"Your Landscape, Our Passion"
PO Box 620 Norway, ME 04268
Mon-Fri: 07:00 - 5:00
09 Jan 2017

Spring Projects

Sitting in the office on this bitter cold winter morning and thinking about this years spring projects, while searching the various plant selections, landscaping trends, other various products and equipment and thinking about the coming Home & Garden Shows as we head into the 2017 landscaping season.
There are so many plants, shrubs and variations of each, one could spend hours/ days searching and dreaming about which ones plants or shrubs to choose and the possibility adding veggies and creating a edible garden. Will your new garden have a live natural edge, a stone border, border plants (whether annuals or perennials) or possibly a raised box garden, one could even add a decorative concrete border.
Will there be children/ pets to consider when planning your new gardens or landscape projects. Their are so many ideas to rummage through and factors to consider during the planning process, one could be easily overwhelmed with all the information out there. But, don’t worry, we have plenty of time still to search and sift thru the many plants/ shrubs and stone choices during planning process before spring.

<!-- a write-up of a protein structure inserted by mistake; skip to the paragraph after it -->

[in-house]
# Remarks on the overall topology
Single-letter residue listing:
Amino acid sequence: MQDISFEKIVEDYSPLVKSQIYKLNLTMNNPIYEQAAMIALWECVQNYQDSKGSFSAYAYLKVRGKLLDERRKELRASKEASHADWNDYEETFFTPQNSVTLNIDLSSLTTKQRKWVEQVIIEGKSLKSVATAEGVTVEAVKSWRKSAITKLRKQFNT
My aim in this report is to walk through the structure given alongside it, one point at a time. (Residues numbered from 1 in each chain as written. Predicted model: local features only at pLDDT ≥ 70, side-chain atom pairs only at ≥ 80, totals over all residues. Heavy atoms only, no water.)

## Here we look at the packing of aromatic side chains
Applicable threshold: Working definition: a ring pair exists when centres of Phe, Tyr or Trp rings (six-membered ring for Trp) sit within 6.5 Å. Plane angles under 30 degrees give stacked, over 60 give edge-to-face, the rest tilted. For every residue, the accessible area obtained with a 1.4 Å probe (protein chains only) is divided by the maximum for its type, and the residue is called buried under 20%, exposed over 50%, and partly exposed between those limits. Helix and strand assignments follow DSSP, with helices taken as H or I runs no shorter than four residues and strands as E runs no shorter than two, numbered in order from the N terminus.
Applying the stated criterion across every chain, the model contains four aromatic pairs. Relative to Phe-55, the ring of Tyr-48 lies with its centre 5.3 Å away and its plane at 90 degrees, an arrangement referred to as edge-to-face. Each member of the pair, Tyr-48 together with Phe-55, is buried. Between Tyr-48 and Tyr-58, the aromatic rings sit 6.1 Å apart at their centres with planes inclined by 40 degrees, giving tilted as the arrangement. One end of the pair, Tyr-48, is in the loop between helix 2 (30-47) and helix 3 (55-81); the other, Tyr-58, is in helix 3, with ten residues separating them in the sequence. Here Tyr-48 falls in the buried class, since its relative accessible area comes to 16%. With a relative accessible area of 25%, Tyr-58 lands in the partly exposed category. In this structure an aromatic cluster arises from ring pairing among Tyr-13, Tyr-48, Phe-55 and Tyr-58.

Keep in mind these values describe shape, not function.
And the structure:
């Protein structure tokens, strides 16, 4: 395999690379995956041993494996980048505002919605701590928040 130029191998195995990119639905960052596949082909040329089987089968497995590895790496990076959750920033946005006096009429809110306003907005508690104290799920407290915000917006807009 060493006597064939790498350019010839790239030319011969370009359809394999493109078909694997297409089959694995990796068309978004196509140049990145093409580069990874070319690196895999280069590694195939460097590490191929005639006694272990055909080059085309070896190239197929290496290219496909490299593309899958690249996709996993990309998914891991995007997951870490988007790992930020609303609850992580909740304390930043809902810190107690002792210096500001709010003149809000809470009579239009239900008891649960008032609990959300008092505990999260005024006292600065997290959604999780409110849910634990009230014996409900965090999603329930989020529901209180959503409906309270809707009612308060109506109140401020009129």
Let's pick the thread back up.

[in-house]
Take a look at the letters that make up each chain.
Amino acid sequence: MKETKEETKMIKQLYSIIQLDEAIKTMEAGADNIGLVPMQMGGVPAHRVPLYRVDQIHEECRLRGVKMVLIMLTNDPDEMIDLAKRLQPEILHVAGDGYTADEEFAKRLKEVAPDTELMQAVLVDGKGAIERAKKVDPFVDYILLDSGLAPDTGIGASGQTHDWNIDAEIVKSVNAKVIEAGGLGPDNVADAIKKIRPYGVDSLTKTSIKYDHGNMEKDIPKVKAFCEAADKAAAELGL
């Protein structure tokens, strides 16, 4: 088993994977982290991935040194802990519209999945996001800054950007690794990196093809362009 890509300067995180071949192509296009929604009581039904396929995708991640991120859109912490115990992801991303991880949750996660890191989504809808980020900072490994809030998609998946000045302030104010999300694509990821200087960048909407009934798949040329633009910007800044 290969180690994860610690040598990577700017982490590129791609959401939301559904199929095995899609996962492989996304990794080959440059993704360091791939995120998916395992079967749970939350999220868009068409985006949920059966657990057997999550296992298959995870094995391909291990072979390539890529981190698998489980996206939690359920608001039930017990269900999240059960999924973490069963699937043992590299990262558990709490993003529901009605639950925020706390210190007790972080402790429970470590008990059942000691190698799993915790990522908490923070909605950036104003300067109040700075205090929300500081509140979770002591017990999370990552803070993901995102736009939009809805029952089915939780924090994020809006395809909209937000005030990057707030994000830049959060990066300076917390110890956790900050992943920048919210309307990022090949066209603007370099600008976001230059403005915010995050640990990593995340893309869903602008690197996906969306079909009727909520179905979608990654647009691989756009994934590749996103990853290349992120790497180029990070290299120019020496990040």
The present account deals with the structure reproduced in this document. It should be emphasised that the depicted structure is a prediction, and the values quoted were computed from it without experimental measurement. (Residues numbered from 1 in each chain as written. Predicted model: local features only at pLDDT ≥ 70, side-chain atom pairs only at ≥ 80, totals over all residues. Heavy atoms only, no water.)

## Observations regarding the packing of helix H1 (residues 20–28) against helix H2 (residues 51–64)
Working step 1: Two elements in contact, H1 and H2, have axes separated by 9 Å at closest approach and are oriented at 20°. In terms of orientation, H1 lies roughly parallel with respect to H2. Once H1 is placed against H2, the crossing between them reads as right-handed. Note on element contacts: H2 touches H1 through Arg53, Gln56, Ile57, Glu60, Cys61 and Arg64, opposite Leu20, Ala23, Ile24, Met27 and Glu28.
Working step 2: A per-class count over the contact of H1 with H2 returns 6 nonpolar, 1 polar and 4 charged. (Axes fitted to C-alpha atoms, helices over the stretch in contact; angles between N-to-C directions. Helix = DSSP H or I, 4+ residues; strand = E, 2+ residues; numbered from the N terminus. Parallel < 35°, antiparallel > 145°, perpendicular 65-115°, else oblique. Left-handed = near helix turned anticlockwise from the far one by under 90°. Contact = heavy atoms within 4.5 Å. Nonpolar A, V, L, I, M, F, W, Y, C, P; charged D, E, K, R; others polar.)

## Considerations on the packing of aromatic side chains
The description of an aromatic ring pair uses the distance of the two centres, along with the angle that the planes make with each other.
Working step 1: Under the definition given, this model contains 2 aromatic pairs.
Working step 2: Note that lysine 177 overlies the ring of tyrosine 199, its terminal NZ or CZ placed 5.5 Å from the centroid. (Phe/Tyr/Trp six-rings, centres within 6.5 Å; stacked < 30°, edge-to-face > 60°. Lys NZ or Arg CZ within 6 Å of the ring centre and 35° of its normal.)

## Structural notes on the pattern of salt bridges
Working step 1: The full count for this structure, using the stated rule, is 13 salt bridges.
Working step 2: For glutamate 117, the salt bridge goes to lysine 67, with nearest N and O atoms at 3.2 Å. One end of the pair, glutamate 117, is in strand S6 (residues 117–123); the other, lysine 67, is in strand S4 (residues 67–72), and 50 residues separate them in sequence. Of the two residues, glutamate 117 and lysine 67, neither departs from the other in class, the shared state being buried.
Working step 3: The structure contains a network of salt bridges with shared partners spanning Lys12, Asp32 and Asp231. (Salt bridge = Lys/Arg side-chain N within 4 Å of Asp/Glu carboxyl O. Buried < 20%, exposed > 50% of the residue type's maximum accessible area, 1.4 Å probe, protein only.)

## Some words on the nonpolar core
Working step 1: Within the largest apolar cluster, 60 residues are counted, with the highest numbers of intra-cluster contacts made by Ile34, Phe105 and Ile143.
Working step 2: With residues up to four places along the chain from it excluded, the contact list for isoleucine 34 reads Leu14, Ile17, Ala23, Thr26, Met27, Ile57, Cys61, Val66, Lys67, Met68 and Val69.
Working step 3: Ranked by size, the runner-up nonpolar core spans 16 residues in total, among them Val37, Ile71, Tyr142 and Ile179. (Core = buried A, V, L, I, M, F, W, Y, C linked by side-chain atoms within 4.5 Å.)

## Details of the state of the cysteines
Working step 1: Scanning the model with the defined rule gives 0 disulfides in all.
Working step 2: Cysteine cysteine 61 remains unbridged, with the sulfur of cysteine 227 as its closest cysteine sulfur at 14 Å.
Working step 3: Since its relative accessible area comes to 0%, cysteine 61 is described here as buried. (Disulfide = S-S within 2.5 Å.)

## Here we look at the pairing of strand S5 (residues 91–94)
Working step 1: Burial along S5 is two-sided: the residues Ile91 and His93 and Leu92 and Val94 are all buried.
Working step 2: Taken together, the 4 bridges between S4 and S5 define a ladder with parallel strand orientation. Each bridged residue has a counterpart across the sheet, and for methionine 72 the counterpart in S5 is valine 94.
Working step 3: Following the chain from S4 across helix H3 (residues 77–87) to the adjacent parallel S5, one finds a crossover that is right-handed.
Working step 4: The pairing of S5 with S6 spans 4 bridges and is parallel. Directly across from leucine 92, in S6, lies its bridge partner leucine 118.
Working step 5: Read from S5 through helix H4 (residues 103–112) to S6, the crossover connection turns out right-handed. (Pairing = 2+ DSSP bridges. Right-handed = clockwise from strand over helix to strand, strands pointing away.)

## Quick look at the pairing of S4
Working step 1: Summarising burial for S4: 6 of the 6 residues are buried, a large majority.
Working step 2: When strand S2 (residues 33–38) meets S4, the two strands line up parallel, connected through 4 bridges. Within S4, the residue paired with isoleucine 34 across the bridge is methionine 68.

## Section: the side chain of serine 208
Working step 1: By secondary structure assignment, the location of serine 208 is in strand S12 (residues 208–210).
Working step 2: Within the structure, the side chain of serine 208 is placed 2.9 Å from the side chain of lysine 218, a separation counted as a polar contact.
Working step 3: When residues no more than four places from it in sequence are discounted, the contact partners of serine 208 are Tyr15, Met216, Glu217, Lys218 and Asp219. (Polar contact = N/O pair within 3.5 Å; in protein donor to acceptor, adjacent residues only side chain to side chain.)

We would encourage everyone to get out to the Home & Garden Shows, talk to your local nurseries and garden clubbers for ideas and answers to any questions you may have.

04 Apr 2016

Pollinator Friendly Gardening

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Are your gardens pollinator friendly? We like to use native plants that yield high pollen counts in our garden designs and plantings to help support bees, butterflies, birds.

There are a few thing you should consider when planning a pollinator garden like:

Choosing plants that provide high nectar and pollen counts
A sunny spot, with a water source
Use native non-invasive plants
Use of plants that bloom throughout the season
Eliminate pesticide use

By planting a pollinator friendly garden, you will be playing a role in reversing the declining pollinator populations. Some native nectar and pollen plants are:

Bee Balm, Black Eyed Susan, Lavender, Lamb’s Ear, Catnip, Rosemary, Aster, Coneflower, Blazing Star, Primrose, Sage, Verbena, Goldenrod and Sunflowers.

14 Dec 2014

Ice Control

Excessive Salt Usage:

Do you primarily use salt for ice control?

Although salt is often used primarily for ice control on walkways, it does have some drawbacks, especially when used in excessive amounts around perennial beds, shrubs and trees.

When salt is used for ice control, it’s ideal to keep it away from tree and plant roots as much as possible, as the salt can desiccate the roots, putting the tree in a drought-like state.

While salt levels during winter may not be apparent in spring once the heavy rains have washed it away, it still can have a negative affect landscape plants.

Both homeowners and contractors should be mindful of the excessive use of salt during the winter months. Not only does it affect your landscape negativity, it also has an affect during spring runoffs, as it enters the storm drainage system.